Curcumin is also effective in controlling anxiety. Its anti-anxiety activity is comparable to diazepam.

It boosts DHA levels which are vital for controlling anxiety and essential for brain development and functioning.

What does this mean?  It is ok to be nervous, anxious or depressed in this phase. It’s your hormones at work. Surprisingly turmeric can help in dissipating your blues!

5. Turmeric for Vaginal Infections

Postmenopausal age, the decline in estrogen levels and vaginal atrophy can increase the susceptibility of women to vaginal infections.

These infections are characterized by vaginal discharge, soreness, and itching in the genital area.

Turmeric is a natural anti-microbial agent.

Curcumin is proven to have synergistic effect with antibiotics when it comes to fighting the drug-resistant bacterial infection.

A clinical trial was conducted on 32 patients within the age group of 24-62 years who were suffering from vaginitis.

They were treated with a herbal topical formulation for 2 weeks and turmeric extracts were one of the main ingredients.

Anti-inflammatory, antibacterial and anti-fungal properties of turmeric were put to use.

Within 14 days of treatment, patients experienced relief from all symptoms and tests conducted confirmed the absence of infection.

What does this mean?  Turmeric can ward off vaginal infections.

6. Turmeric & Post-Menopausal Complications

Apart from the symptoms mentioned above, menopause and the period after that increases a women’s susceptibility to a number of disorders.

Aging is another factor that controls this aspect.

7. Turmeric boosts immunity

Compromised immunity is a matter of concern in postmenopausal women.

A review of 30 studies shows that decreased estrogen levels leads to reduced immunity and increases vulnerability to autoimmune diseases.

This increases the incidence of diseases like diabetes, atherosclerosis and cardiovascular diseases.

Surgical menopause is also linked with impaired immune response and hormonal therapy can ameliorate this condition.

This suggests that turmeric as a phytoestrogen can also help in repairing immune responses.

However, this is not the only attribute of the golden herb that can help in compromised immunity. Curcumin is an immune booster.

Those who have been brought up in a typical Indian family can now understand that this is the reason why your grandmother forced you to have turmeric milk when you had a fever.

Curcumin has immunomodulating properties : It can reduce inflammation, migration of immune cells, and production of pro-inflammatory chemicals, all of which occur as a result of impaired immune responses leading to the development of autoimmune diseases.

Interestingly at low levels, it can elevate immune and antibody responses and help fight infections.

What does this mean?  Turmeric can perfectly balance and restore your immunity, which could be compromised as result of estrogen imbalance.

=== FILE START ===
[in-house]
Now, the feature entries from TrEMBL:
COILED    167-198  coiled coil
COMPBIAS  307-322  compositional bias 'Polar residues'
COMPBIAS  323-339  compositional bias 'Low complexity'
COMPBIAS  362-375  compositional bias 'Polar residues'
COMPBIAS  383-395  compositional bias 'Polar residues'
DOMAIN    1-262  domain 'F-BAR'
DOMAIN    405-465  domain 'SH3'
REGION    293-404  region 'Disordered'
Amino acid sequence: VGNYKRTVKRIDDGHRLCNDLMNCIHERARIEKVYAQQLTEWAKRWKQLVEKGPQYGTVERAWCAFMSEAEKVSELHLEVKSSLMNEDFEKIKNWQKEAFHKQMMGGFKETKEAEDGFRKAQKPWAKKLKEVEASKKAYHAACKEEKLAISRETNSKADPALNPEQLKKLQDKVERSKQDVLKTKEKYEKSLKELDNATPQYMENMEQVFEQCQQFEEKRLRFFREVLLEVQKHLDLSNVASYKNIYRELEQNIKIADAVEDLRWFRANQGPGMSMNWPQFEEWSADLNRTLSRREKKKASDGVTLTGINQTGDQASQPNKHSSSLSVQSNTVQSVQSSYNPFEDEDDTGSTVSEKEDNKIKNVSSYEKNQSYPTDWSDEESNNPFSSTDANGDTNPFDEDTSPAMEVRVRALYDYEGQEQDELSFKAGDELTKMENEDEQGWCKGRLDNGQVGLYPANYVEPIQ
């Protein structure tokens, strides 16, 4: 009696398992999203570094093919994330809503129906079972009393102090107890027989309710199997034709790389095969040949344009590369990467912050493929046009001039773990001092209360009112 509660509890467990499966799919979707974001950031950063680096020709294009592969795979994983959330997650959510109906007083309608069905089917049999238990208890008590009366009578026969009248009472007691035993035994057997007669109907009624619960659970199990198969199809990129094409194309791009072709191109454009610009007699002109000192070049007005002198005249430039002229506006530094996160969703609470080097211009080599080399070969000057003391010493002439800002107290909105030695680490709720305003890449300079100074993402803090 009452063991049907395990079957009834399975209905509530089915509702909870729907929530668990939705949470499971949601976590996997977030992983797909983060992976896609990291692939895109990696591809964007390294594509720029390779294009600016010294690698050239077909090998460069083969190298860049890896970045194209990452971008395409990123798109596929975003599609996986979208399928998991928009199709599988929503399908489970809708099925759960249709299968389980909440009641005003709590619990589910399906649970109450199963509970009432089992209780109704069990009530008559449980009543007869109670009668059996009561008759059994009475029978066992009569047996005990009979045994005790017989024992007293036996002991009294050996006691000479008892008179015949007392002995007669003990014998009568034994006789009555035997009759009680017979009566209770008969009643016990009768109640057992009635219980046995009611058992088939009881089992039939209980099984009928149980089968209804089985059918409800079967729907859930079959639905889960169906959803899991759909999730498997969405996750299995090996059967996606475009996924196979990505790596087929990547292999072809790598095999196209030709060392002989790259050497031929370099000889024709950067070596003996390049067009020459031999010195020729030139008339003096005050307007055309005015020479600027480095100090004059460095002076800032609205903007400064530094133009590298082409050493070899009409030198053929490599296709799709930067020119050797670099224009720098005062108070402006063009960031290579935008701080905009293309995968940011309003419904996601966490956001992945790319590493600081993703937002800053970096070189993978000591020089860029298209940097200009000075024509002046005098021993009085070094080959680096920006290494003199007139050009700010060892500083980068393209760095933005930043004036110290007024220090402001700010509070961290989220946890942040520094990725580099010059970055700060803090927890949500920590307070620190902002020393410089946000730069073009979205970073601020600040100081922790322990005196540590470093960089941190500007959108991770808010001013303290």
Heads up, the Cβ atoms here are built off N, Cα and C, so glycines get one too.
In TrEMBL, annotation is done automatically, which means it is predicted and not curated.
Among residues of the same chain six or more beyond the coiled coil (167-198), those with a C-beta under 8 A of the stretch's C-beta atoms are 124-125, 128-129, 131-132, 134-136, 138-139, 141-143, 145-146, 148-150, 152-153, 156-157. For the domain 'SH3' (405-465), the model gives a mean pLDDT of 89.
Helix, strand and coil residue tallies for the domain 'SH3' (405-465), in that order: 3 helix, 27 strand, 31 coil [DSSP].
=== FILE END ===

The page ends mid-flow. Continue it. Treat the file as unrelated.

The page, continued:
11 Ways Turmeric Can Help in Menopause and Post-Menopause

8. It can help you shed off the extra kilos

The transition that occurs during menopause is not limited to hormones or bleeding or immunity alone. It also extends to body weight.

Body fat distribution is affected due to hormonal changes and the deposition of fat tissue in the abdominal region is a common outcome.

Studies suggest that hormonal replacement therapy can possibly reduce weight gain. But what if we suggest a healthier, tastier and safer option!?

Yes, its turmeric. Curcumin mediates its anti-obesity effects in a number of ways:

  • It regulates fat metabolism.
  • It inhibits the formation of fats and the development of fat tissue.
  • It demonstrates anti-inflammatory and antioxidant activity which suppresses inflammation in fat tissue.
  • It reduces the risk of obesity-related cancers like colon, breast, kidney cancer, etc.

What does this mean?  The golden herb can help in losing abdominal fat which is likely to occur as a result of menopause.

9. It is good for your heart

Postmenopausal women are more likely to suffer from a heart attack than men.

Reduced estrogen levels lead to increased heart palpitations.

Not only heart attacks, but women are also more predisposed to most heart problems than men.

Curcumin has a protective role in cardiovascular diseases.

Curcumin is one of the dietary polyphenols that is recommended for its beneficial effects on cardiovascular health and its protective action against aging.

Its anti-thrombotic, antioxidant and anti-inflammatory properties help in reducing the risk of atherosclerosis, heart failure, and arrhythmia (irregular heartbeat).

Blood vessels tend to narrow down with age and lose elasticity.

This obstructs blood flow paving the way to a number of heart problems such as heart attack and stroke.

Estrogen status can also affect heart health by affecting the status of blood vessels.

A study conducted by a Japanese team has proven that curcumin supplements can improve blood flow and blood vessel functioning.

Results state that curcumin supplements can prove to be a good alternative for those who can’t exercise.

Curcumin ingestion, when combined with exercise, can reduce stress on heart in postmenopausal women which occurs if there is obstructed blood flow due to narrowing of arteries.

Curcumin is beneficial for those who have suffered from heart attacks.

It restores normal cardiac function and improves cardiac repair.

What does this mean?  Turmeric ingestion can reduce your risk of developing heart diseases in post-menopausal phase.

10. Turmeric can preserve your bone health

Estrogen is essential for bone formation.

Lack of estrogen can reduce bone formation which causes an imbalance between bone formation and absorption leading to weak bones. Weak bones are susceptible to fractures.